Peaches (Tao 桃)

peaches

Peach (Tao )

The peach is one of the most popular images in Chinese decorations, jewelry, paintings, and folk art.  If you like things Chinese, the peach is more than familiar to you.  But, besides being beautiful, what did it mean traditionally?  Why is it important?

From the ancient past, the peach tree has been considered sacred.  The wood, flower, and fruit were all beloved.  The wood was used to fight against evil; the flower often symbolized love; and the fruit was a symbol of a long life.

Long Life:  The fruit may be used to represent Shou-lao, the God of Longevity.  And we learn in the Journey to the West (a 16th Century Ming Dynasty novel) that Monkey, a charming and mischievous character, became immortal by stealing and eating peaches from Xi-wang-mu’s (Queen Mother of the West) palace orchard.  These scared peach trees blossom once every thousand years and only develop into fruit after another three thousand years.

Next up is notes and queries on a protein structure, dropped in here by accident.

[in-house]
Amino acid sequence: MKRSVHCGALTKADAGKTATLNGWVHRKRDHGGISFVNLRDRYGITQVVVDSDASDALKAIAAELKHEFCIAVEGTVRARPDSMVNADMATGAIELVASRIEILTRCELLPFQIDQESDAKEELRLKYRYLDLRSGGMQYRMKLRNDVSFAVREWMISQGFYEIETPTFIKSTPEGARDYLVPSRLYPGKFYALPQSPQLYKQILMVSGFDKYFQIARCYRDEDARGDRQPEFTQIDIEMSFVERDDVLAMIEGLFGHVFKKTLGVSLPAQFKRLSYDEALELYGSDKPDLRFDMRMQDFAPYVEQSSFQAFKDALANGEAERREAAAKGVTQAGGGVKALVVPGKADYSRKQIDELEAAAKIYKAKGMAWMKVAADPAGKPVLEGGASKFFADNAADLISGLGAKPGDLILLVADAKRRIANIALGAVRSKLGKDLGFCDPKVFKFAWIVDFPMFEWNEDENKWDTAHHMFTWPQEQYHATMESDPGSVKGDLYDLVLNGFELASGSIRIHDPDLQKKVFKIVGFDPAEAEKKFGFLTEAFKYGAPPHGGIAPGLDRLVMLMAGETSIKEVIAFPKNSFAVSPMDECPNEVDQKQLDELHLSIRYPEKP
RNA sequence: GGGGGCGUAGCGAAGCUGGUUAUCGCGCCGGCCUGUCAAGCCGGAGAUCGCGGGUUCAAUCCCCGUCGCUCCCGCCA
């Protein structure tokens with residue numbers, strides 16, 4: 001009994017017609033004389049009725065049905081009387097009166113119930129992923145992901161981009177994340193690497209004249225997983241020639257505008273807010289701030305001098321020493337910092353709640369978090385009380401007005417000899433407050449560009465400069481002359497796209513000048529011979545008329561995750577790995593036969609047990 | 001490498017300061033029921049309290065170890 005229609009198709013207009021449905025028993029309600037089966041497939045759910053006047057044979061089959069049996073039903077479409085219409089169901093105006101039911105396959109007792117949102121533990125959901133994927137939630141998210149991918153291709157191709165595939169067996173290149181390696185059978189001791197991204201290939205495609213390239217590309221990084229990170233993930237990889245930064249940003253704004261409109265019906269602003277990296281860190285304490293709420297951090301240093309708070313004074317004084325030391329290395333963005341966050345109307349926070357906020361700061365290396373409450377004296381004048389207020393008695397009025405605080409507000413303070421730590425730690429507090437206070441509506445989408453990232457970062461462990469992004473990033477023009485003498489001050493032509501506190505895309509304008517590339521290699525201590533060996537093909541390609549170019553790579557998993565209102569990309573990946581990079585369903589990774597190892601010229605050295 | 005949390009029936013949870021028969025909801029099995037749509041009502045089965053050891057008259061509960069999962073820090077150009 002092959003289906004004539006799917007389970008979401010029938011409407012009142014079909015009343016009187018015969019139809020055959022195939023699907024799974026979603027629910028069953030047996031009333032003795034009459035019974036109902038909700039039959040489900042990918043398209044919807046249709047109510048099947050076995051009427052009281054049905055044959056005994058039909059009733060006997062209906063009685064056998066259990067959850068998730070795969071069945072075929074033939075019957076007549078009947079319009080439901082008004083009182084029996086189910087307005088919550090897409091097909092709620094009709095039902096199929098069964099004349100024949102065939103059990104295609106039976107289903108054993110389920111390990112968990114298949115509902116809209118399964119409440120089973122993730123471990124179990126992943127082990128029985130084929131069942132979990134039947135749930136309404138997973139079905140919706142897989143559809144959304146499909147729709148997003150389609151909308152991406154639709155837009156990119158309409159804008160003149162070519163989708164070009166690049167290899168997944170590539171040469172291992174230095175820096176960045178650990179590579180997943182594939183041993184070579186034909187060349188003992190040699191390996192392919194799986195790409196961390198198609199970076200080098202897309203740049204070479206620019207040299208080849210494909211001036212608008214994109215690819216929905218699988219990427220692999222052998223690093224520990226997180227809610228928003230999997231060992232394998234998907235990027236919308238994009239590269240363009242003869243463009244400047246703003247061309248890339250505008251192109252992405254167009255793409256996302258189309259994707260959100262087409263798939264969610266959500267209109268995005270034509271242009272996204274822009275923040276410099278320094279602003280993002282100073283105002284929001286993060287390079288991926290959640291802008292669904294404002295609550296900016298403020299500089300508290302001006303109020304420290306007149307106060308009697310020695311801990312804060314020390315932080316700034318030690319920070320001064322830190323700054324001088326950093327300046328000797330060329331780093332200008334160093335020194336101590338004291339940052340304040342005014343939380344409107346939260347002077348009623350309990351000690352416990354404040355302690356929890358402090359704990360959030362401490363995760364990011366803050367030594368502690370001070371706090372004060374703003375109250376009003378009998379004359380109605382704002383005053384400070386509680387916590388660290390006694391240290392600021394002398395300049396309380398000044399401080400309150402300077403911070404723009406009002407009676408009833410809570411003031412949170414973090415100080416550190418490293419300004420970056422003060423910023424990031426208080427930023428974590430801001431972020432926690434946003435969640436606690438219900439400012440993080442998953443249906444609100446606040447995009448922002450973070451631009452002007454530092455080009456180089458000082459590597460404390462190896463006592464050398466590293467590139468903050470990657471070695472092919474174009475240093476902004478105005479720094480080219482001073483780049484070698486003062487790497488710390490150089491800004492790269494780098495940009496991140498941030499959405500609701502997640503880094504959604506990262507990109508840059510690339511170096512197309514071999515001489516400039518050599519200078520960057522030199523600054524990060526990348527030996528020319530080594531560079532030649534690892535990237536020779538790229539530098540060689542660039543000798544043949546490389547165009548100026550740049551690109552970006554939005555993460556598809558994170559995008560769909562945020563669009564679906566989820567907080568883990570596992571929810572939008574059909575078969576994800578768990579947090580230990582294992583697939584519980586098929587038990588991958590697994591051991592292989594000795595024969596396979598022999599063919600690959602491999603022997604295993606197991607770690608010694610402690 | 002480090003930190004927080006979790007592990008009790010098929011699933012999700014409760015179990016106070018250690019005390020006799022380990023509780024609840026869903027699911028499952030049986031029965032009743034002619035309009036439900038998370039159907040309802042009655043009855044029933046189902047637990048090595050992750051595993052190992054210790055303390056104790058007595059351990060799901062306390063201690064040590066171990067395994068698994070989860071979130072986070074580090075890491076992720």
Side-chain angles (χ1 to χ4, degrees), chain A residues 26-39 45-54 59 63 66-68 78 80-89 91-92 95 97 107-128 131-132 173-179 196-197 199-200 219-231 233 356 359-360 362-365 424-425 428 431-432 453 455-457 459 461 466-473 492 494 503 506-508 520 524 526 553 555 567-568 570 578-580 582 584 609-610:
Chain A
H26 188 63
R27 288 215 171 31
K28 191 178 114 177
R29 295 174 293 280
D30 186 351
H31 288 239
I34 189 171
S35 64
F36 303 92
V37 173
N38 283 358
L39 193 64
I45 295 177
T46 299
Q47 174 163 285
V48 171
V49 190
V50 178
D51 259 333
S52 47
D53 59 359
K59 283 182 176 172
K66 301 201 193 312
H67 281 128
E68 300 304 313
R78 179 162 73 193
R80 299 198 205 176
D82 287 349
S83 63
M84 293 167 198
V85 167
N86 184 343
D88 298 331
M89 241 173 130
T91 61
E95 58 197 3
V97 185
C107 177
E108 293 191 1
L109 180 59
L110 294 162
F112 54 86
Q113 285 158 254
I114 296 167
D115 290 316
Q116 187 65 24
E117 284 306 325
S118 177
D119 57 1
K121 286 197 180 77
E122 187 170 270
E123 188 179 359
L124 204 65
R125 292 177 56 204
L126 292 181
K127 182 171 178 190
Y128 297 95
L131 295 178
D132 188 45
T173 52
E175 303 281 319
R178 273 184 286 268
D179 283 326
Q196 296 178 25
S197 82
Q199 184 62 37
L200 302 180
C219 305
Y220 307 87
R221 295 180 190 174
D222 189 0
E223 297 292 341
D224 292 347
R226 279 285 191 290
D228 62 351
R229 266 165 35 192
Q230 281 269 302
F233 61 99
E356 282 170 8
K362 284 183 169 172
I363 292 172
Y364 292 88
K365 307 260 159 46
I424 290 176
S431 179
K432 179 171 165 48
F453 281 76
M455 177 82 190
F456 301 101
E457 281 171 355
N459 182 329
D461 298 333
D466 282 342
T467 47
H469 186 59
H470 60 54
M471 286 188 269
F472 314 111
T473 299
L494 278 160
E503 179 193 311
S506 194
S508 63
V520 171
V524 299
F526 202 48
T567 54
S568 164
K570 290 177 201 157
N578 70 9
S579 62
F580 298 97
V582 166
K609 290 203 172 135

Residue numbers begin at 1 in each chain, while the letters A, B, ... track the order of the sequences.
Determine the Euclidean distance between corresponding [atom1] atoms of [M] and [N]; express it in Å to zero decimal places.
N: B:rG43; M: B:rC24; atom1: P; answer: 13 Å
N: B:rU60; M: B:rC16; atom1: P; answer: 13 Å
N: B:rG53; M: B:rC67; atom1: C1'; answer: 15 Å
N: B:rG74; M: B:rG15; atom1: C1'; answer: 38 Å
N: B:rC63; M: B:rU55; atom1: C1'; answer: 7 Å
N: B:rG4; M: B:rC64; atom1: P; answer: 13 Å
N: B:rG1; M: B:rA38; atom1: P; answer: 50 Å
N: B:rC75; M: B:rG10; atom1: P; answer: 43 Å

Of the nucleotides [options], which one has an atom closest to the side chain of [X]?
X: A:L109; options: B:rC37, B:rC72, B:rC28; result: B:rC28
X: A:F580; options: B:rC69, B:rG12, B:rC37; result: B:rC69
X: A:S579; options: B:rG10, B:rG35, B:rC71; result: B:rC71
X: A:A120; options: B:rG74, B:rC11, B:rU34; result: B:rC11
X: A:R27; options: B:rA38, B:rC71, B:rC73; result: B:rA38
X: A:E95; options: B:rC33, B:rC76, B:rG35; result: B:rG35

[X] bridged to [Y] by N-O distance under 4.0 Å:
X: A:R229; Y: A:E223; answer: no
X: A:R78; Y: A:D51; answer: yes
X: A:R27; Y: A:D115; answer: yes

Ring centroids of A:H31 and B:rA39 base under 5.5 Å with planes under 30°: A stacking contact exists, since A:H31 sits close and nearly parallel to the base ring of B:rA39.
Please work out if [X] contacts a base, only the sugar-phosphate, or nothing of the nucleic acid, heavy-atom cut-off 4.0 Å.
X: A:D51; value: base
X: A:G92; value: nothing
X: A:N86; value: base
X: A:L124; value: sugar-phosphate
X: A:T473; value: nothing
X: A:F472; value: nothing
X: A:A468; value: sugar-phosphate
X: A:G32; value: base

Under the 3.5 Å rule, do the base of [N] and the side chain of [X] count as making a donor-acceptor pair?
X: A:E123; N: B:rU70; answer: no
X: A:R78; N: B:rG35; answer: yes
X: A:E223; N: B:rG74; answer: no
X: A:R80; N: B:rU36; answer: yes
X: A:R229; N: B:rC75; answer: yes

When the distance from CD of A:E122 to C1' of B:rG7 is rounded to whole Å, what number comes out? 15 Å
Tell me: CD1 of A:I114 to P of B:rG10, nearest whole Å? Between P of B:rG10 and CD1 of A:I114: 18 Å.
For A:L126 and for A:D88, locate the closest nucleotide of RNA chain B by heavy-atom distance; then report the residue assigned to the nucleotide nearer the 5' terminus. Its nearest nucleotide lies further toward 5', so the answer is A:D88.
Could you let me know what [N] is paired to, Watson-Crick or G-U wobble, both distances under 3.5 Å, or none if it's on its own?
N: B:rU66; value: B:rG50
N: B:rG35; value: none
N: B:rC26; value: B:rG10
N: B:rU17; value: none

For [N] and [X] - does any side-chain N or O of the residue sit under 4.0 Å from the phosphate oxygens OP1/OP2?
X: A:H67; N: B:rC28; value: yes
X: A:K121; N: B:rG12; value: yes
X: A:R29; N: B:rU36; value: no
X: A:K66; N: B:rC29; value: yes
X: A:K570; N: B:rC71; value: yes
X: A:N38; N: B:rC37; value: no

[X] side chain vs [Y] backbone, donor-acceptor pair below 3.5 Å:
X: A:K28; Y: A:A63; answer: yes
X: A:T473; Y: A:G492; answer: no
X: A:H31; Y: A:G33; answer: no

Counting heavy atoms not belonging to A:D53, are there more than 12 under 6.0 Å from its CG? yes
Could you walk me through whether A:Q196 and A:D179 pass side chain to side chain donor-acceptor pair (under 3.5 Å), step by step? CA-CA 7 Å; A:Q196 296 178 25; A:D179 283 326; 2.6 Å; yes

Double peaches are an even more auspicious (meaning especially successful and lucky) symbol.  Double anything is good because it means the feeling, or sentiment, is twice as strong. So two peaches in a picture would mean something like “May you live a long life.”  As you may expect, this type of picture is popular at birthday celebrations.

References: A Dictionary of Chinese Symbols by Wolfram Eberhard 2001; Hidden Meanings in Chinese Art by Terese Tse Bartholomew 2006.

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